RealtyTrac foreclosure report showed increased activity
In a market still reeling from an onslaught of foreclosures dating back early a half-decade, any news of foreclosures that approaches negative is likely to put the industry on edge, which is why RealtyTrac’s report finding increased foreclosure activity in April is a significant reveal. However, before agents work themselves into an anxious frenzy, it’s important to note the 3 percent increase, which marks an 18-month high, was largely driven by an influx in bank repossessions.
REOs jumped a whopping 50 percent from April 2014 to 45,168, a 27-month high and the second consecutive month of year-over-year increases, according to RealtyTrac. Also, the ratio of foreclosed homes to standard housing units was one for every 1,049, compared to one for every 1,295 in February – up 8.67 percent from the same time last year.
The surge in REOs drove overall activity stats up to their 3 percent increase, but looking closer at foreclosure starts and forthcoming activity, the numbers are far less daunting.
Foreclosure starts, for instance, were down 5.2 percent year-over-year.
As we move further into 2015, RealtyTrac’s data shows that, in April, 46,777 properties were scheduled for Auction nationwide, which, while a considerable figure, is substantially less than in March (down 8.0 percent) and April 2014 (down 5 percent). The downward trend marks another stride in the crawl towards longer-term sustainability.
In Massachusetts, a judicial state where foreclosures require an official judgment, levels continue to lag behind national averages in several categories. Foreclosure starts, at 867, are up more than 90 percent year-over-year, and the ratio of foreclosures to housing units is now 1:1,946 – a 60 percent increase. The state is also facing a serious uptick in scheduled auctions, which are up 33 percent from the same time last year.
One Nation Divided
On the national stage, RealtyTrac’s findings were relatively positive once boiled down, but the trend was not uniform from state to state. The report revealed:
- Following the national trend, 33 states posted a year-over-year increase in REOs, including Florida (up 42 percent), California (up 53 percent), Michigan (up 198 percent), Illinois (up 46 percent) and Ohio (up 63 percent).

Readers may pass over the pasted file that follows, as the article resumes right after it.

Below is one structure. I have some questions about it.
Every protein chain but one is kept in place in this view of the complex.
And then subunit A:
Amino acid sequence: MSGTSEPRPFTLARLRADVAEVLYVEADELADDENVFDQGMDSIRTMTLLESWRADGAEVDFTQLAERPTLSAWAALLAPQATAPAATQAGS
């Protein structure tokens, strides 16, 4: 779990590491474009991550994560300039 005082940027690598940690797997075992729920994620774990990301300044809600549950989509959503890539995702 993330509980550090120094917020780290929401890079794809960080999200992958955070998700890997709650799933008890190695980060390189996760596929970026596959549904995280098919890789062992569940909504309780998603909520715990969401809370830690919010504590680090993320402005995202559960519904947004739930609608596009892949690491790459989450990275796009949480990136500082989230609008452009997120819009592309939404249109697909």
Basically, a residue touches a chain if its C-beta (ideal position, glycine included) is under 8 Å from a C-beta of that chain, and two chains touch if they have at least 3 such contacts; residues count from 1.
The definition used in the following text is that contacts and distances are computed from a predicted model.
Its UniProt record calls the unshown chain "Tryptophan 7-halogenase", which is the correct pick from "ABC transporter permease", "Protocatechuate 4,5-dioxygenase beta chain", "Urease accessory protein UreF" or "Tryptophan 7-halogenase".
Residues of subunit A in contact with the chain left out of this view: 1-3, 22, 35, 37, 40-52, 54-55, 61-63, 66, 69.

- Despite the nationwide decreases in scheduled auctions, 21 states posted year-over-year increases in scheduled foreclosure auctions, including New York (up 82 percent), Massachusetts (up 33 percent), Nevada (up 31 percent) and New Jersey (up 22 percent).
- Of metro areas with a population of more than 200,000, those with the highest foreclosure rates were Atlantic City (one in every 297), Jacksonville (one in every 341), Tampa (one in every 372), Daytona-Deltona Beach-Ormond Beach, Florida (one in every 378) and Miami (one in every 386).
Distressed Sales a Positive?
While the REO influx was considerable, it wasn’t particularly surprising, as the surge was foreshadowed by a 23-month high in scheduled foreclosure auctions last October, according to RealtyTrac Vice President Daren Blomquist.
“Many of those scheduled auctions are now taking place, and properties are going back to the foreclosing lender,” he said. “Meanwhile we continue to see foreclosure starts decrease, and foreclosure starts nationwide are now running consistently below pre-crisis levels – indicating that the overall increase in foreclosure activity in April is a continuation of the clean-up phase of the last housing crisis, not the start of a new crisis.”
In recent years, a backlog of distressed sales coming onto the market would have a “stifling effect,” Blomquist pointed out, but as several inventories are running dry and affordability evaporating with it, an outpouring of available properties, albeit distressed, could actually work to stimulate sales in the middle to lower ranges of the market.
Blomquist added: “Banks are liquidating these distressed properties in a seller’s market with a low supply of inventory for sale, which should help them sell quickly and at a prive that is relatively close to full market value.”